Write. Just Write. Edit Later.

Photo by Nick Morrison on Unsplash

Advice #4: Write. Just Write. Edit Later.

Contrary to my previous suggestions, this one is the least relevant to grammar or language in general. It’s a productivity hack, motivation fuel, or a note to self if you like.

To me, writing is more like a “live or die”, “publish or perish” matter; to students, it is an assignment to finish, a deadline to go after, and a skill to take them to their future workplace.

In my class, students often struggle with the first words to put on the paper. Many of them would spend half an hour finding a “perfect” sentence following the first. Most of them are afraid to show what they have written.

I believe that has to do with a culture emphasizing “deficit”: focusing on spotting mistakes and deducting marks often make students’ composition full of crosses and corrections with red marker pens.

Students are so used to being denied, and afraid to make mistakes, so much that they finally give up and stop taking part in the learning process.

So I would tell my students to start writing their final term paper in the first week, in the form of an outline or a very rough draft. They are also told not to care too much about accuracy at this stage; it is fine as long as they have nailed down main ideas.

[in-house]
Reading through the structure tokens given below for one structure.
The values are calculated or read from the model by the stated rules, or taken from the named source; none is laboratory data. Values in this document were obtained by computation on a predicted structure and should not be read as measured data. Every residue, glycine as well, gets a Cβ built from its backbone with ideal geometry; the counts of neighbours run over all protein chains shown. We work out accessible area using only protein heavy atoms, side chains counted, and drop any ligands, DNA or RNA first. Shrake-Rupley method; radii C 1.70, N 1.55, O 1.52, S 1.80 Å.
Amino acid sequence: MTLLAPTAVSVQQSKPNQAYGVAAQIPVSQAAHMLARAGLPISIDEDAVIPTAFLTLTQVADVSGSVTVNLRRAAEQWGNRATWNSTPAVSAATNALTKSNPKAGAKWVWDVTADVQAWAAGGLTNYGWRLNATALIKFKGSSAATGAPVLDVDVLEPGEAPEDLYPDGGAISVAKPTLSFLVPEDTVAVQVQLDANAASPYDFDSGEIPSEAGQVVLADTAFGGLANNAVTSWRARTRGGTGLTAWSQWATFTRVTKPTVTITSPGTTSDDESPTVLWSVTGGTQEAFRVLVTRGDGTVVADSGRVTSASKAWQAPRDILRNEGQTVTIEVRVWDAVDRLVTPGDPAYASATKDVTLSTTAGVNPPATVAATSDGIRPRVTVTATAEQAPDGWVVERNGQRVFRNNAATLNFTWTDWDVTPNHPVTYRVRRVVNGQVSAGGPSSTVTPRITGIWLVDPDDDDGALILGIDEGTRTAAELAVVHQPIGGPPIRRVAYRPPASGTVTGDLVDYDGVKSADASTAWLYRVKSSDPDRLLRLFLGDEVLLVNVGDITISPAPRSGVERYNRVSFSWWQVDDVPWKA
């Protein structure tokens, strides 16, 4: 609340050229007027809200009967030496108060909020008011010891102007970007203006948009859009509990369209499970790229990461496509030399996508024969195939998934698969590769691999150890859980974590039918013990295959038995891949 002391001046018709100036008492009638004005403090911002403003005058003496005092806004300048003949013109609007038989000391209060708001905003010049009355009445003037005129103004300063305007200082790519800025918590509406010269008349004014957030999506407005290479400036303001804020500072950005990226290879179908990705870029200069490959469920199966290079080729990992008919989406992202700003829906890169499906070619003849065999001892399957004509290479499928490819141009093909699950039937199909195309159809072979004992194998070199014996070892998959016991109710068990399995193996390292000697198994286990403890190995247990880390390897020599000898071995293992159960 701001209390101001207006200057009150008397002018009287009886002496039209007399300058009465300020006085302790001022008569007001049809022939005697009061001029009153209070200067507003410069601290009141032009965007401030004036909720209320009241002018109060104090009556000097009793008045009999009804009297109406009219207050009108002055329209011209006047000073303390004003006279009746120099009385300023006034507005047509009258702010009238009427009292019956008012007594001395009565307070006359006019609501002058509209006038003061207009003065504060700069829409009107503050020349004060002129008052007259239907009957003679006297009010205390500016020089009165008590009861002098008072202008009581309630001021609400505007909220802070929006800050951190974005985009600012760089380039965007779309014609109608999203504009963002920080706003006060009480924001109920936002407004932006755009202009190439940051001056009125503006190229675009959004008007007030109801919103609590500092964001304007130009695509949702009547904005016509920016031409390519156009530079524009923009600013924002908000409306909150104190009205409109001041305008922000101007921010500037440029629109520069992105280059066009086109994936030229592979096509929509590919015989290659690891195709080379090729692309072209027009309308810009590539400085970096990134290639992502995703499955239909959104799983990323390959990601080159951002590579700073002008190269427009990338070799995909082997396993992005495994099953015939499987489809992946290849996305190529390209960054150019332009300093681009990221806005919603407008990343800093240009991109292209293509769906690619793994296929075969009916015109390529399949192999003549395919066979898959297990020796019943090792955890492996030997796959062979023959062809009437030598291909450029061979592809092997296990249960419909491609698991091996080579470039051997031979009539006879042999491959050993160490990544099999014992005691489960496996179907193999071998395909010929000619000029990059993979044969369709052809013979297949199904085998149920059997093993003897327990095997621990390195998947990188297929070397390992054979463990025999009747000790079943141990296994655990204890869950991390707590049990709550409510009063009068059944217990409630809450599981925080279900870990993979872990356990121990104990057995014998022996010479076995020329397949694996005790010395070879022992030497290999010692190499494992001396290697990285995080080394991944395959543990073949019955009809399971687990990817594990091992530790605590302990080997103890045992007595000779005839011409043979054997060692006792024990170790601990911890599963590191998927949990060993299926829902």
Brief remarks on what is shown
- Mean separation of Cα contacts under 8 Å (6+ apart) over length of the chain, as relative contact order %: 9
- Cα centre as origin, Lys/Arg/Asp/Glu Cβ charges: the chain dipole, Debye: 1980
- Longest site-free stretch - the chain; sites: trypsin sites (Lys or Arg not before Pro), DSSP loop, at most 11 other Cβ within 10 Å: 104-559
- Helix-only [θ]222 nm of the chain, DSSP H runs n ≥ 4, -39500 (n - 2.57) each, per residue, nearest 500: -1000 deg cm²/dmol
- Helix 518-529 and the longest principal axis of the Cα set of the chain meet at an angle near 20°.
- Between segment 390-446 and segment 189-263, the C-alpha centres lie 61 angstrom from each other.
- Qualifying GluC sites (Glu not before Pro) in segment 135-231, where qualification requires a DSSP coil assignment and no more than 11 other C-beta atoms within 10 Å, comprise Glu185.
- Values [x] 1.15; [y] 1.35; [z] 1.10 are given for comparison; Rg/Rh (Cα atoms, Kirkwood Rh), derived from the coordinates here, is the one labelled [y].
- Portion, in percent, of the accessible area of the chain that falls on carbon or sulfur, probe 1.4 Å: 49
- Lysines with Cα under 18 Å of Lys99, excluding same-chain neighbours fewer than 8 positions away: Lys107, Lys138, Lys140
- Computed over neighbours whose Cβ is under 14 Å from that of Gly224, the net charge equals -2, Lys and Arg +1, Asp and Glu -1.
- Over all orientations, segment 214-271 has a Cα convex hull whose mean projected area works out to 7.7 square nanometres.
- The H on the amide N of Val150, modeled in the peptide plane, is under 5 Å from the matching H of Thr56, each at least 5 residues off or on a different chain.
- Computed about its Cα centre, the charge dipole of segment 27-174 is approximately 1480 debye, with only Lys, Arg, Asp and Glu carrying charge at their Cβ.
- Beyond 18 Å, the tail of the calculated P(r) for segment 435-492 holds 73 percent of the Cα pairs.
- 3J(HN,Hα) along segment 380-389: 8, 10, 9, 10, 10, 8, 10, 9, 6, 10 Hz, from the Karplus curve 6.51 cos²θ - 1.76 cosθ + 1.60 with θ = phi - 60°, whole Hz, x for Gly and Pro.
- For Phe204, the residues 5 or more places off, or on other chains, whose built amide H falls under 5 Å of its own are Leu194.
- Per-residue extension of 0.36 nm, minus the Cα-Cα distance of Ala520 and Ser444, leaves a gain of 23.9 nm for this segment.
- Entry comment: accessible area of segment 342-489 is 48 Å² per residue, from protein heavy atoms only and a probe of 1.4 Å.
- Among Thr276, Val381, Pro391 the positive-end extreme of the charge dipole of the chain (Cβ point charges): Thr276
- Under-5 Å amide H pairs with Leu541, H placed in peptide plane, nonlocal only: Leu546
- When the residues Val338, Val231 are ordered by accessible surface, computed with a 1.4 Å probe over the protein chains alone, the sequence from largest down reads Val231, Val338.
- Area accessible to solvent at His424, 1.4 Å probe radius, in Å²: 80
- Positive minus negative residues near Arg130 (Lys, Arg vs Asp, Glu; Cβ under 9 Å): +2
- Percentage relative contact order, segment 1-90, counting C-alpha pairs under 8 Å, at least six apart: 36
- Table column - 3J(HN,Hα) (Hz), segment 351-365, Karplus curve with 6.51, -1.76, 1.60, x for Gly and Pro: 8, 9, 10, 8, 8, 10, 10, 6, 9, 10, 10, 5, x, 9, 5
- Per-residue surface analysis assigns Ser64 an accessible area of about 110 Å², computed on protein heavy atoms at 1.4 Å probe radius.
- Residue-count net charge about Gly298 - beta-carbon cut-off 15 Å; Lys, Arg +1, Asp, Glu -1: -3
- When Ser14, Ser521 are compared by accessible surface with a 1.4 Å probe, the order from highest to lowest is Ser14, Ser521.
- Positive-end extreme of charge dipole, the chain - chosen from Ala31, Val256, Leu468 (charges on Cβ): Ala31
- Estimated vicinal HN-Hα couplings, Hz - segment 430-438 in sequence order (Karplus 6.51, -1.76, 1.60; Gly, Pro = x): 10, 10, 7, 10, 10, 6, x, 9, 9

I want them to make mistakes as soon as possible. The reason behind this is simple: make mistakes off the record, or make a crappy final draft on the record.

With bad first drafts, I can discuss with you what and how you are going to improve them: paragraphing, conciseness, logic, tone, etc. At least there is something we can work on.

It is something honestly telling people who you are, as long as you produce something. And this kind of production needs quality, which is however built upon quantity.

The more you take the pain to write crappy pieces, accept criticism and improve, the more likely you can come up with a high quality text.

But with bad final drafts, I can do very little to help. My comments might benefit your next essay, or inspire your learning in general. But your term paper is then already graded, moderated and sent to the exam board. It’s all set in stone.

So if you believe in the Pareto Principle, spend 20% of your semester to prepare for 80% of a draft, and refine the rest of the period to polish and refine your final draft.

Yes. Just write, and edit later.


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